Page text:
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ON THE RIGHT: Franchise system a worthy solution

Dr Stephen Harewood

ON THE RIGHT: Franchise system a worthy solution

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One of the biggest problems when it comes to people using public transport is the quality of service. There are many people who will not leave their cars at home and catch any of our buses because the quality of service does not match the standard of living of the general population.
The quality of service is low.
You also have the high operational costs.
The entire transport system has built-in inefficiencies, which help to increase the costs for both the private operators and the Transport Board.
A ZR van can’t be more than a certain size, what economic sense is there in that?
A minibus can’t be more than a certain size. Those sort of restrictions don’t make economic sense.  The high taxes on the private transport: is it to punish them?
I don’t know what it is, but it increases the cost of operation. Then we have the disorderly behaviour, the blocking of the roads and those sort of things.
So my solution is complete privatisation with a franchising system with operators having exclusive right to operate given services, which is what we had long ago before the service was completely nationalised in the 1970s – but then they introduced this more or less free for all system since then.
The franchising system will remove competition from the roads because that’s what we have now, competition on the roads, which leads to the lawless behaviour and the accidents.
Competition will come at the point of the bidding [on] the franchise. After you are given the right to operate a service you [would] have exclusive right to provide that service, which goes back to what we had before, and franchises should be awarded for a specific period so as to ensure that standards are maintained.
Also, we need a Transport Authority with responsibility solely for regulation, nothing else.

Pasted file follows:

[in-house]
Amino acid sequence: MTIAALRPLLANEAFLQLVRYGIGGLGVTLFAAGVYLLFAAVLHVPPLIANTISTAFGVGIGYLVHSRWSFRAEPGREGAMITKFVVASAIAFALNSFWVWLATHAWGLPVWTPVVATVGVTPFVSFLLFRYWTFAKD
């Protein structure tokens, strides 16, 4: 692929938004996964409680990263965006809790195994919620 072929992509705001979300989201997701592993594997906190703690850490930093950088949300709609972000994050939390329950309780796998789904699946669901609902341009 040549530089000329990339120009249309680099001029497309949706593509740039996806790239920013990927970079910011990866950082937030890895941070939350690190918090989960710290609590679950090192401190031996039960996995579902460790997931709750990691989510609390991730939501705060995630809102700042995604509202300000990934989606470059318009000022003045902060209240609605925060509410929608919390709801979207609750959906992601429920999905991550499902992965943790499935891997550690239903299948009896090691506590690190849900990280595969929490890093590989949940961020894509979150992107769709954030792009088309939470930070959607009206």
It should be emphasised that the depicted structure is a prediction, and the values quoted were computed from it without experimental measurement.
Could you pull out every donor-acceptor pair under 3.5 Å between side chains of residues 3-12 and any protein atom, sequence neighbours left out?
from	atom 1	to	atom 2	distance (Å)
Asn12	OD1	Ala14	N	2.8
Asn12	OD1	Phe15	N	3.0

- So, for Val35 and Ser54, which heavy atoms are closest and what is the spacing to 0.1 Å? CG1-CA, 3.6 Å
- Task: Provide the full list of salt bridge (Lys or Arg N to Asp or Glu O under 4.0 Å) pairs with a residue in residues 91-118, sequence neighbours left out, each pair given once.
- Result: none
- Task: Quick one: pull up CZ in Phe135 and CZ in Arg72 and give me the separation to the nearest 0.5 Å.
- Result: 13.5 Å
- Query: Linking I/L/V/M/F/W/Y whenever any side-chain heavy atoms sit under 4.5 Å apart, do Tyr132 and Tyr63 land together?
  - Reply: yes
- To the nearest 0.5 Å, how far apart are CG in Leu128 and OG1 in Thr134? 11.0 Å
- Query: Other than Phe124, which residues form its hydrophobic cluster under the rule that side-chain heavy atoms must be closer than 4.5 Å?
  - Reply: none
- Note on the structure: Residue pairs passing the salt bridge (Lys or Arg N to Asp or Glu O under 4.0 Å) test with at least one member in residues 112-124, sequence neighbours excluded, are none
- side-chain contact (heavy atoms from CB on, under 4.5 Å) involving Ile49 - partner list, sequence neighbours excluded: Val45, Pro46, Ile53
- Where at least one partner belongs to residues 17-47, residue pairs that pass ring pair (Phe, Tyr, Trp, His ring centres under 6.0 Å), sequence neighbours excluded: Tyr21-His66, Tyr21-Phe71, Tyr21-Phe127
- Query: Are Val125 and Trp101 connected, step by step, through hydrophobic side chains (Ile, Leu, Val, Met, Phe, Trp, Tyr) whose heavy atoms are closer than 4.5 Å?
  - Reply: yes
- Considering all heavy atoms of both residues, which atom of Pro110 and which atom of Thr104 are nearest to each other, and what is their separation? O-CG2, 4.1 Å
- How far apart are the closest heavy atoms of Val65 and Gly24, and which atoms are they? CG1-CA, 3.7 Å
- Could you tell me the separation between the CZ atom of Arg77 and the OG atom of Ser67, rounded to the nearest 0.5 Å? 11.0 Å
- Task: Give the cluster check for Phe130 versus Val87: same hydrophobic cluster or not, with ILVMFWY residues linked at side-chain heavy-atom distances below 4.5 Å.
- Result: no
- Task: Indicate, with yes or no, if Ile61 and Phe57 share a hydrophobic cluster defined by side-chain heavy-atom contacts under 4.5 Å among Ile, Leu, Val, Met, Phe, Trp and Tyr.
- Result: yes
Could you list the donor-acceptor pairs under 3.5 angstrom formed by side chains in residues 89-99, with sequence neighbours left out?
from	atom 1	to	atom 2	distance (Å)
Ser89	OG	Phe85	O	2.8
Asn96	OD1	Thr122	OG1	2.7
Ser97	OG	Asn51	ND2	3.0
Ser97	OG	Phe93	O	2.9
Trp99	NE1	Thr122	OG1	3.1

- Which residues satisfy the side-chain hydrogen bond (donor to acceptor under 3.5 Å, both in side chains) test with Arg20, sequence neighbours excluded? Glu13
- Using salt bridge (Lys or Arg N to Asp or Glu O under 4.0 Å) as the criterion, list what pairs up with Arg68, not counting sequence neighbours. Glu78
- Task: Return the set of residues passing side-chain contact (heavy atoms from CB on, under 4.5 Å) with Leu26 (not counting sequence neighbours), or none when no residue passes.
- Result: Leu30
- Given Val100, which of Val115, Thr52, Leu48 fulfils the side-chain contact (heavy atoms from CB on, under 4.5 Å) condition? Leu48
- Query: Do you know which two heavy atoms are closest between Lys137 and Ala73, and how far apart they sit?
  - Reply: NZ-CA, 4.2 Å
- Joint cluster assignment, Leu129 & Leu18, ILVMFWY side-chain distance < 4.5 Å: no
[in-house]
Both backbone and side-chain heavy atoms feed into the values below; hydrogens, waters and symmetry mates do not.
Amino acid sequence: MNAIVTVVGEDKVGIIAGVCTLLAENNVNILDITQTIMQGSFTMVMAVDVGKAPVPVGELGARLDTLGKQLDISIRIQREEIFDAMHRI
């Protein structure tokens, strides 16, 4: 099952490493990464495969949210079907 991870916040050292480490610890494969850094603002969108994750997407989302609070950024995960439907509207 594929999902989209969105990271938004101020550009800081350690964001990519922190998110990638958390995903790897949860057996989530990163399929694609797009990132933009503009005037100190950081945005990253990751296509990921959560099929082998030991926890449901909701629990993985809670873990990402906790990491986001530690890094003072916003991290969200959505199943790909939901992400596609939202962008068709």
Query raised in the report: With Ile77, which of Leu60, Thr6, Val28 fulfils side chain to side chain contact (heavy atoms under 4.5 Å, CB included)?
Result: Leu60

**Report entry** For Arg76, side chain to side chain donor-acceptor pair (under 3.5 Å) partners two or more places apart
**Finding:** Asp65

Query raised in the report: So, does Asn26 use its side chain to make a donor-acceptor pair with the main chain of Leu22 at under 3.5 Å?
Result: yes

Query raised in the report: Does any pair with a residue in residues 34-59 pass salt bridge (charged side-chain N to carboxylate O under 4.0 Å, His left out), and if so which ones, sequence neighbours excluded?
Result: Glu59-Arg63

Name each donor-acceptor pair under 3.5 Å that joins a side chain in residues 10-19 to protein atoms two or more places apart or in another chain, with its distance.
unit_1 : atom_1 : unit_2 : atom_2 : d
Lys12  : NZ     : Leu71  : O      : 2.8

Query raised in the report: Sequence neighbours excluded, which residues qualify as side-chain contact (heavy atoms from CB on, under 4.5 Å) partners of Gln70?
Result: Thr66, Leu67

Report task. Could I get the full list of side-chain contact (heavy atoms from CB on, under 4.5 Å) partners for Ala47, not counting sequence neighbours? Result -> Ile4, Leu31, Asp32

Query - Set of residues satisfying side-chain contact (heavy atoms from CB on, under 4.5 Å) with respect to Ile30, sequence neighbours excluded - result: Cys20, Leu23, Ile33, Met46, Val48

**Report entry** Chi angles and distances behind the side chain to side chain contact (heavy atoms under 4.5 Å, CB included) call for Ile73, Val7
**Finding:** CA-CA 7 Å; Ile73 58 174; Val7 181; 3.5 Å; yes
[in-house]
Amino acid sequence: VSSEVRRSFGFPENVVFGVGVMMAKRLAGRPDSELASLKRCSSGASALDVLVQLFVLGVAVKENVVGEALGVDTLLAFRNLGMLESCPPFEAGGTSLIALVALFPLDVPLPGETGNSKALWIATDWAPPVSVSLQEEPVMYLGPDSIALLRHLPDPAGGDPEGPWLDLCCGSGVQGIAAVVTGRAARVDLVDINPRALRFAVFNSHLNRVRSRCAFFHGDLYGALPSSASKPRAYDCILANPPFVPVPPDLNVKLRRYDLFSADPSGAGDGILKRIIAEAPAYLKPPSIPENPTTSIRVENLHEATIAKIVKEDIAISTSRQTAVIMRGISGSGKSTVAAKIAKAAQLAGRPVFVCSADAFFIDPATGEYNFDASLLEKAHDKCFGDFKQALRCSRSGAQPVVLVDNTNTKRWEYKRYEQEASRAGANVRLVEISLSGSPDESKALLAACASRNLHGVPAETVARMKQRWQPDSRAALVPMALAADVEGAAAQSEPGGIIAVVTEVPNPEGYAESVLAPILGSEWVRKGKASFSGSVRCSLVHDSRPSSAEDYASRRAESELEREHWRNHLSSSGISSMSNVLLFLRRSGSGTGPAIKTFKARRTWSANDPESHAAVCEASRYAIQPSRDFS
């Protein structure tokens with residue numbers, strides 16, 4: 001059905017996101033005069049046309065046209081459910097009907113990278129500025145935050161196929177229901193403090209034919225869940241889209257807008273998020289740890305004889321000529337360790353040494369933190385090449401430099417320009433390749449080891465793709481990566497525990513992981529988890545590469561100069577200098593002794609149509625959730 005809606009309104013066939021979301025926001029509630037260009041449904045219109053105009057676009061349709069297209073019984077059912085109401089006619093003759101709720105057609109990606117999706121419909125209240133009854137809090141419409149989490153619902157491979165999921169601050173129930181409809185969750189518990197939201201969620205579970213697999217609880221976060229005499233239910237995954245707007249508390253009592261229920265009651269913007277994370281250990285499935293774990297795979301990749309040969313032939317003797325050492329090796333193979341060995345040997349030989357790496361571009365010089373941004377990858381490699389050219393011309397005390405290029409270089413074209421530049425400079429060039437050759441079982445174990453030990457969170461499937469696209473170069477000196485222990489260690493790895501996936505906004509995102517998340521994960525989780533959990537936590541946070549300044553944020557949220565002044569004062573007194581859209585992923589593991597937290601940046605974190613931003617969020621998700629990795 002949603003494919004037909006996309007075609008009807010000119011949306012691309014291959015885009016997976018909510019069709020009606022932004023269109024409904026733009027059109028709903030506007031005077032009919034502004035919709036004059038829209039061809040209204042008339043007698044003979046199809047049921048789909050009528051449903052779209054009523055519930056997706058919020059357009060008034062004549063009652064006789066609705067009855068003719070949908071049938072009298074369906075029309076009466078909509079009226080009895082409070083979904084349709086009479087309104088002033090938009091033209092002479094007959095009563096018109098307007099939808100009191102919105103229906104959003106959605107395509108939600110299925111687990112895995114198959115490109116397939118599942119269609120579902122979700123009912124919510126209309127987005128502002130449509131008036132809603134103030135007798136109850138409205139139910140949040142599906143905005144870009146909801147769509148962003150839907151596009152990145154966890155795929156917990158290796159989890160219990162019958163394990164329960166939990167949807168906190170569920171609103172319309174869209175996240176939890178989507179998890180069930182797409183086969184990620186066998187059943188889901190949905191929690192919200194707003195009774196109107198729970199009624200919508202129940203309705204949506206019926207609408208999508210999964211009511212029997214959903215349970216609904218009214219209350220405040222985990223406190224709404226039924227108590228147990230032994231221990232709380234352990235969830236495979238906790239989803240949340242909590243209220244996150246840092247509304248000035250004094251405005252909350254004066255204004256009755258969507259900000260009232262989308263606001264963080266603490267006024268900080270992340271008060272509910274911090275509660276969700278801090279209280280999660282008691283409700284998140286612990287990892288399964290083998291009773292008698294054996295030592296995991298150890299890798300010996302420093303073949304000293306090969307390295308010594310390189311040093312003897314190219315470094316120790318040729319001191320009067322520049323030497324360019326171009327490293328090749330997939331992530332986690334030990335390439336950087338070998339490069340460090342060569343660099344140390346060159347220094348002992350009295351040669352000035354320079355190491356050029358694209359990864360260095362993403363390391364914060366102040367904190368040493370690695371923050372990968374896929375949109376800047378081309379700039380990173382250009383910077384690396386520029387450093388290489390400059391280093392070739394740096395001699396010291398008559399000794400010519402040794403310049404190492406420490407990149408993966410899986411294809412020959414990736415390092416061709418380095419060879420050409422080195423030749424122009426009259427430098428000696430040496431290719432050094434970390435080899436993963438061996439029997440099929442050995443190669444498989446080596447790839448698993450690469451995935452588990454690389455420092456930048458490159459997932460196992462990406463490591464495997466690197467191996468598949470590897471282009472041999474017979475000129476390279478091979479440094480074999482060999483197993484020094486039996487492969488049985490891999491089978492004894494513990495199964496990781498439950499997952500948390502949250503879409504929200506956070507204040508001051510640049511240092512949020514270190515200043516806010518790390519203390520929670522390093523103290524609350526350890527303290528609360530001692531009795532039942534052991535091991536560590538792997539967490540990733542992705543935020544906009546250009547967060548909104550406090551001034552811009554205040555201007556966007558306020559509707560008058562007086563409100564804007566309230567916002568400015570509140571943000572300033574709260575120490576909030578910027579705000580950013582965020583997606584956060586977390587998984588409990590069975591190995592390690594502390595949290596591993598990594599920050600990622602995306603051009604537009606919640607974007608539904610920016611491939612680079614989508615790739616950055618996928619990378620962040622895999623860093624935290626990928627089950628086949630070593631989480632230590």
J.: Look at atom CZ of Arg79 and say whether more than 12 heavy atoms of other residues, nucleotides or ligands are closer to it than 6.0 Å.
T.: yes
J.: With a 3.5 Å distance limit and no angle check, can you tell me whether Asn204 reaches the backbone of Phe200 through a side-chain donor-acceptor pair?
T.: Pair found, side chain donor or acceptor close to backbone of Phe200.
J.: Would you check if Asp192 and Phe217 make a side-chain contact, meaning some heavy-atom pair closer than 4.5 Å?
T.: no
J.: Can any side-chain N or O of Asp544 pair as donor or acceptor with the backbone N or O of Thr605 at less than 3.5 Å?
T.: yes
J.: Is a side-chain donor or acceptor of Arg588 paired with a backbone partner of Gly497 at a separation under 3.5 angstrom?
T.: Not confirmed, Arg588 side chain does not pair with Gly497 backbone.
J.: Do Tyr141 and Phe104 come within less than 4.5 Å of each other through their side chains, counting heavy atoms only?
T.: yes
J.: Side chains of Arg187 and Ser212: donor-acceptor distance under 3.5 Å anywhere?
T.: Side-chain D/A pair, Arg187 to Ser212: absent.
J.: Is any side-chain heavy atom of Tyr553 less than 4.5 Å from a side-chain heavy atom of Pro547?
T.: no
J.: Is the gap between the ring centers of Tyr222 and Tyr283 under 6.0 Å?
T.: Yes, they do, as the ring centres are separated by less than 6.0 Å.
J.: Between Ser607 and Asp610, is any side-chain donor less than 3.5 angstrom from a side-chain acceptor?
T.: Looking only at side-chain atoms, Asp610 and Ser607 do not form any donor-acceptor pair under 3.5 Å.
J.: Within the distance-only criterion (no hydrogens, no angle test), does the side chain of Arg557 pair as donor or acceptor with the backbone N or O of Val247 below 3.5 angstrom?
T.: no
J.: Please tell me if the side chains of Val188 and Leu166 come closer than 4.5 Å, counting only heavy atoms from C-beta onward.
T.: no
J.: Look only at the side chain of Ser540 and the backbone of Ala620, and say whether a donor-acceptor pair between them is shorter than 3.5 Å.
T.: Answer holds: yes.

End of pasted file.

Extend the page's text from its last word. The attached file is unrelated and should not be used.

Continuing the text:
They would set the standards, they would ensure compliance with the standards, they would set fares and they would approve services.
All services will not be financially viable. Say you need buses to operate between 8 p.m. and midnight but the demand is low, those services would have to be subsidised so as to ensure that the operators can get a reasonable return, a fair return, on their investment.
But subsidies should be based only on cost benefit analysis so that if an operator operates a service, the service would only be provided if the benefits exceed the cost, and if that is the case then the Government will provide the additional money to ensure that the service is provided.
And that for sure will reduce the Government’s subsidy to transportation considerably because right now Government is subsidising inefficiencies in the transportation system.
And we also need to help to encourage people to use the transportation system, better integration between different modes of transport, between pedestrians and buses, between buses and private cars.
So you can drive your car to a park and ride centre, leave your car there and get into the bus and go to your destination.
• Dr Stephen Harewood is a senior lecturer, Economics, at UWI’s Cave Hill Campus. His current research interests include revenue management, facility location planning, and transportation management.